A temporary museum displaying 35 years of Sydney Mardi Gras history is now open to the public on Oxford Street, Sydney. The display will be open until the end of this year’s Mardi Gras festival on March 4. It is Australia’s first gay museum. Costumes, photos, newspaper clippings, video installations, posters and banners from the very first Mardi Gras in 1978 will be on display. The items come from the Australian Lesbian and Gay Archives, Sydney’s Pride History Group, Mardi Gras and a number of private collections.
The museum’s launch was attended by Sydney Lord Mayor Clover Moore, Sydney MP Alex Greenwich, Liberal MP Bruce Notley-Smith, activist Julie McCrossin and others involved in the 1978 Mardi Gras.
“This exhibition is incredibly important for the people who have been a part of it but it is even more important for the people who weren’t,” Moore told the gathered crowd. “There’s a wonderful history here – a history that talks about the wonderful contribution the LGBTI community has made to the vitality, diversity and creativity of our city as well as an amazing contribution to teaching people about acceptance.”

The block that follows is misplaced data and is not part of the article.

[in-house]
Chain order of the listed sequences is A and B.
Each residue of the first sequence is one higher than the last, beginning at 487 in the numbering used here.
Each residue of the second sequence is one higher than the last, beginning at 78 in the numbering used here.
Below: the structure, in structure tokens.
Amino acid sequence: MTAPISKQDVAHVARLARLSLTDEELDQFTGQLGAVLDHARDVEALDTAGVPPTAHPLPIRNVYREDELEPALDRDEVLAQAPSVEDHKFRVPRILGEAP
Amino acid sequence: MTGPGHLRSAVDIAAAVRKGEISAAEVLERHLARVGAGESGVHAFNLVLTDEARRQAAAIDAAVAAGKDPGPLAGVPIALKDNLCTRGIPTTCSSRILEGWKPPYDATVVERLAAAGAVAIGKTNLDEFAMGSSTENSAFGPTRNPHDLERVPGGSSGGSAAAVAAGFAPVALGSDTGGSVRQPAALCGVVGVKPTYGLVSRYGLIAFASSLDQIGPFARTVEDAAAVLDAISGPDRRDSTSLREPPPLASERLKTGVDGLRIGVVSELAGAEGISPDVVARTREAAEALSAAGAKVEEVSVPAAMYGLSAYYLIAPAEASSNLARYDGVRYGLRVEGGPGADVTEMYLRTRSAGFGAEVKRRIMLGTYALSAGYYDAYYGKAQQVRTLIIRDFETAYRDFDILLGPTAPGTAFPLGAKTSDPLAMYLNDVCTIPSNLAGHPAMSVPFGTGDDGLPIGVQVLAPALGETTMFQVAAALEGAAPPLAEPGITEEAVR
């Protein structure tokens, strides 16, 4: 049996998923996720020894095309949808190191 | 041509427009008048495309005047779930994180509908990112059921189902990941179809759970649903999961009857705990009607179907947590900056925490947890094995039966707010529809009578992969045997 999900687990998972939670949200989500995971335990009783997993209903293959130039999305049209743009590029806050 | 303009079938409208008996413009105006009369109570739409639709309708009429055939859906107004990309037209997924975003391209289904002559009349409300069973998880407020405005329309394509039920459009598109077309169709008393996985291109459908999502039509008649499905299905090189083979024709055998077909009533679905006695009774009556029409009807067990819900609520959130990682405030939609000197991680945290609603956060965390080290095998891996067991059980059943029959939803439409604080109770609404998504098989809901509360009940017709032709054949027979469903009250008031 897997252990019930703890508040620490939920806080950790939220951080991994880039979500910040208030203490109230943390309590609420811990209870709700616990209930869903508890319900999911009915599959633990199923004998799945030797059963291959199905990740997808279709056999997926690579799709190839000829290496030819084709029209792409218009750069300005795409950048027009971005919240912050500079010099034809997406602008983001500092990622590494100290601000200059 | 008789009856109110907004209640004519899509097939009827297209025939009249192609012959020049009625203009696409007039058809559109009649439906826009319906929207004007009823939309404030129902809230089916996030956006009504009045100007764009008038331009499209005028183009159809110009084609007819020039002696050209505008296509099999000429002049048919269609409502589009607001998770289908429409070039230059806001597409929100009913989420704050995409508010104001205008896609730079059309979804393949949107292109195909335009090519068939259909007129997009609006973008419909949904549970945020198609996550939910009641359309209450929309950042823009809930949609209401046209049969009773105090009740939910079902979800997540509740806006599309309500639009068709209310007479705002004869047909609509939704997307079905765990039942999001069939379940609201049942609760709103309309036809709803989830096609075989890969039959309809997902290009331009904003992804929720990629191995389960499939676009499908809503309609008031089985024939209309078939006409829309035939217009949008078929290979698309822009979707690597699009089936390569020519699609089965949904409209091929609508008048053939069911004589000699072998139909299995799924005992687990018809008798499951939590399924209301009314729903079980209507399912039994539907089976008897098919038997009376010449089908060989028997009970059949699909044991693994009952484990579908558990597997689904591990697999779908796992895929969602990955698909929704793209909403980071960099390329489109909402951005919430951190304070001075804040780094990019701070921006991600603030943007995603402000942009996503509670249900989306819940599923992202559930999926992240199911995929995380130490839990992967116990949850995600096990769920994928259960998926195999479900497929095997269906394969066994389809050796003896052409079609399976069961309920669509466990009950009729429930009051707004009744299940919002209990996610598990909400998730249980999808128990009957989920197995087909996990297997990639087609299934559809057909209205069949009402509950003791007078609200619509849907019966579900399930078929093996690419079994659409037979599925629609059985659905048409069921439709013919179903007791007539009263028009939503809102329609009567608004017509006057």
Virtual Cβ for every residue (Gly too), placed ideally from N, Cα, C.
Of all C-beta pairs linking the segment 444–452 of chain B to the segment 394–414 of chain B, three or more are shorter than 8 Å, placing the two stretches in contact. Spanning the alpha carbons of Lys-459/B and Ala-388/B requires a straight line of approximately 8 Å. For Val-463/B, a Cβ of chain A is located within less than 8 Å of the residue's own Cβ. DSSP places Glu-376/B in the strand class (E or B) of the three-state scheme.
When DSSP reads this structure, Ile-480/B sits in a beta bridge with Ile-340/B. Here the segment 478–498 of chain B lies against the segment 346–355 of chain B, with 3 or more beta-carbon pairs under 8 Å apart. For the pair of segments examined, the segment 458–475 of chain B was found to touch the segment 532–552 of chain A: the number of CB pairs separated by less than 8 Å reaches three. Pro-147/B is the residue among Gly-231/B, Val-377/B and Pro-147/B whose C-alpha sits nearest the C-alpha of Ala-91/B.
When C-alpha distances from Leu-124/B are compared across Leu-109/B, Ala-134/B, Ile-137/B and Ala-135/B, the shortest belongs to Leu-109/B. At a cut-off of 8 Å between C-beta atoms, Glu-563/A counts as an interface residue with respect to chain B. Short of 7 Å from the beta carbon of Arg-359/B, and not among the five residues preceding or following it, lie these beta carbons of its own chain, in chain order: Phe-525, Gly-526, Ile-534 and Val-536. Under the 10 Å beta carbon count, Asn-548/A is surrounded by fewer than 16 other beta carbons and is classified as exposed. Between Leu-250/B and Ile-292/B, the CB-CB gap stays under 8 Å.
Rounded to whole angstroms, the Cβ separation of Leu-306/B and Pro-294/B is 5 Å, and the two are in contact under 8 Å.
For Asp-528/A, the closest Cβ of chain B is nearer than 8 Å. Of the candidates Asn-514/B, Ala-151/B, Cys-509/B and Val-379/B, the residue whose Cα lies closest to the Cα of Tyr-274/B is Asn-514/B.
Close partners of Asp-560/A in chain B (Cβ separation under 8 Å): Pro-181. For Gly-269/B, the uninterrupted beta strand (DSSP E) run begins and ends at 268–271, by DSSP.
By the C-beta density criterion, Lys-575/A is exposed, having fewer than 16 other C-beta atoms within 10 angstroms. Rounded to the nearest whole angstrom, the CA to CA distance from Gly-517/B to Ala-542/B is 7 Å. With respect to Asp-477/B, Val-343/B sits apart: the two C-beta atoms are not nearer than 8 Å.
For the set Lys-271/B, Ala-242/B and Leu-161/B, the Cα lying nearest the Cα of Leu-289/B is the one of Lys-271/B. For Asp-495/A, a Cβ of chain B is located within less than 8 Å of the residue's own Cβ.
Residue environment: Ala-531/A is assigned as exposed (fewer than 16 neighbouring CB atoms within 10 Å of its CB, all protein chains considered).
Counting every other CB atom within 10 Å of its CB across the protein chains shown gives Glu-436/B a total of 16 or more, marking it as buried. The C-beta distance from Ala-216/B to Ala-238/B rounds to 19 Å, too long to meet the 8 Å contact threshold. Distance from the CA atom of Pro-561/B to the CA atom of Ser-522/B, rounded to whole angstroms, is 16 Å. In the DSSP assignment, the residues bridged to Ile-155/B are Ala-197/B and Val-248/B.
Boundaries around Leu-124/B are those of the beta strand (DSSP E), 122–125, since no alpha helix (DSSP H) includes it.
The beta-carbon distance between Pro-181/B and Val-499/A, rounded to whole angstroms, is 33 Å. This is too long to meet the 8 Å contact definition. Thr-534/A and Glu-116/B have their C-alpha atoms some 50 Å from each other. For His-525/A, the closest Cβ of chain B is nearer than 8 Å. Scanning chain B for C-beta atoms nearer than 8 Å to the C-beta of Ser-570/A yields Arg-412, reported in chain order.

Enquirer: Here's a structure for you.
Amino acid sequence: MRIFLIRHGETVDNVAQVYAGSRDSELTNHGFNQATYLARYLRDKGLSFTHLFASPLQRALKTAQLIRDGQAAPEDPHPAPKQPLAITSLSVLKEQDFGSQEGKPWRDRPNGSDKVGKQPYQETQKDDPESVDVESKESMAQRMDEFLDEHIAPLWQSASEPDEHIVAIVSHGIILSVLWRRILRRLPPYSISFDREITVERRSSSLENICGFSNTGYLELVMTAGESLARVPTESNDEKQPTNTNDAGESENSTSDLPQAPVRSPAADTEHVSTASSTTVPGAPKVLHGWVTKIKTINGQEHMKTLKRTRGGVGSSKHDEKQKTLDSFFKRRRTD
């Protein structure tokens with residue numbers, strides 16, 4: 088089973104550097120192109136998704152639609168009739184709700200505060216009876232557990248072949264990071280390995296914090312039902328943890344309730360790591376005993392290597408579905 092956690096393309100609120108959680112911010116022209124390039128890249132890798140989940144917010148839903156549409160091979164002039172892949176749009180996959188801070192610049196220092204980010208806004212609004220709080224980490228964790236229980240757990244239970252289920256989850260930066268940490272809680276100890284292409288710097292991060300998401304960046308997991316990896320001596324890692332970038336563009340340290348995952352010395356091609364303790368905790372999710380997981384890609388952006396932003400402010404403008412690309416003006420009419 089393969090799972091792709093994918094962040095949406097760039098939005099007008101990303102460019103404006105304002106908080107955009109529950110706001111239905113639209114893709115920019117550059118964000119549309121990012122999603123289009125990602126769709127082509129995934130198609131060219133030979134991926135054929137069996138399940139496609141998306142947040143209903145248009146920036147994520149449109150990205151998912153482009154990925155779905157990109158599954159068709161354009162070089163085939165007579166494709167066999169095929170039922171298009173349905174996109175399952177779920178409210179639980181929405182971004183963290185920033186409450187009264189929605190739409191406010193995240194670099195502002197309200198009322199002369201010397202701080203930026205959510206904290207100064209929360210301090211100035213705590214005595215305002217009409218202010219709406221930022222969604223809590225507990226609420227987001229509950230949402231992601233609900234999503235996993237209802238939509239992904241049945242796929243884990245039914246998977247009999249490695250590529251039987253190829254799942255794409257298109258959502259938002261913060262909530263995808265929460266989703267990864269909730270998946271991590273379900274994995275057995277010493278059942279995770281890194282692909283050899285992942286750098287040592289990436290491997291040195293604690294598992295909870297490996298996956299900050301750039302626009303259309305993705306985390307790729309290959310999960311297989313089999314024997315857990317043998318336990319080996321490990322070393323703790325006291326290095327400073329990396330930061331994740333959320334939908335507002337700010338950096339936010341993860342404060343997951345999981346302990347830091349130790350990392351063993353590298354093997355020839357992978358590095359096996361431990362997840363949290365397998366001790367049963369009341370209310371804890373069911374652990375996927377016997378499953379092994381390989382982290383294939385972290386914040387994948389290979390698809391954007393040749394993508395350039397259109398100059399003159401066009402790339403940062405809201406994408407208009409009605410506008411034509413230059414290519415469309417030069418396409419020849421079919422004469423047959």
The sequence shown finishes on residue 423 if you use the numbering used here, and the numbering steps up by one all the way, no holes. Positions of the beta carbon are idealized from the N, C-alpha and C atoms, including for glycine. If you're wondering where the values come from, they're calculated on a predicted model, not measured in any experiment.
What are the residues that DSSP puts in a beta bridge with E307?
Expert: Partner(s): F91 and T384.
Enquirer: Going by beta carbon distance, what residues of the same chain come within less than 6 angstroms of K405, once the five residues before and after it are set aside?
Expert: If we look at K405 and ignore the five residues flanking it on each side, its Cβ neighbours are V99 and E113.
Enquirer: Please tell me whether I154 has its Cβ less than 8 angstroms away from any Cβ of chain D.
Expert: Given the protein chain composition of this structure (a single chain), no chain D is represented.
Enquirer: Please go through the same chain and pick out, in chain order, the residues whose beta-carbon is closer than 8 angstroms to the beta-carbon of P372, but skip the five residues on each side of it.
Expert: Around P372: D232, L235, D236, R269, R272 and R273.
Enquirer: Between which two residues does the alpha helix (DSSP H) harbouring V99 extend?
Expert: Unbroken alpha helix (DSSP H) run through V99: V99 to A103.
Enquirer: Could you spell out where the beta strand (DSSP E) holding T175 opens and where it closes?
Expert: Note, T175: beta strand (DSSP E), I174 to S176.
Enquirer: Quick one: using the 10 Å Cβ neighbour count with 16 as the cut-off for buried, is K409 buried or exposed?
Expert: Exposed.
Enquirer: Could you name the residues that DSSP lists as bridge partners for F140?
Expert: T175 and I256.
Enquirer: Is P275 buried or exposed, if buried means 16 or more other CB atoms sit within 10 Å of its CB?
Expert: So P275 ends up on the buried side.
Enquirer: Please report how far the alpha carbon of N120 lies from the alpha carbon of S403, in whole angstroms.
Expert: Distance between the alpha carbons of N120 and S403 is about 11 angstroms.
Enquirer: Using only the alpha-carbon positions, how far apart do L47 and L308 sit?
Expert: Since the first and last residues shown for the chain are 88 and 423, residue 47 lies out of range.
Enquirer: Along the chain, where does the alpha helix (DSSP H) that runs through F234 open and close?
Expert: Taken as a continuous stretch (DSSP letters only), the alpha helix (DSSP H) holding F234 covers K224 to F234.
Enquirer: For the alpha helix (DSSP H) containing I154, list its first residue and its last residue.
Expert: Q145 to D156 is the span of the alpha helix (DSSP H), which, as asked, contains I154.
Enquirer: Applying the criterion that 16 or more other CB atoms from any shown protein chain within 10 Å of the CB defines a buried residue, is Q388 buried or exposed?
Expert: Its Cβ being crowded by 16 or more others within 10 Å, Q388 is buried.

Mardi Gras costume maker Ron Muncaster said it was the “glitz, the glamour and humour” that had made Mardi Gras into such a well-known international event. “We get a lot of gay tourists coming to Sydney and I’m sure this museum will be very popular and it will help to educate the general public.”
Attempts to find a permanent home for the country’s first LGBTI museum continue. There are only two such museums in the world – the Schwules Museum in Berlin and the GLBT Historical Society Museum in San Francisco.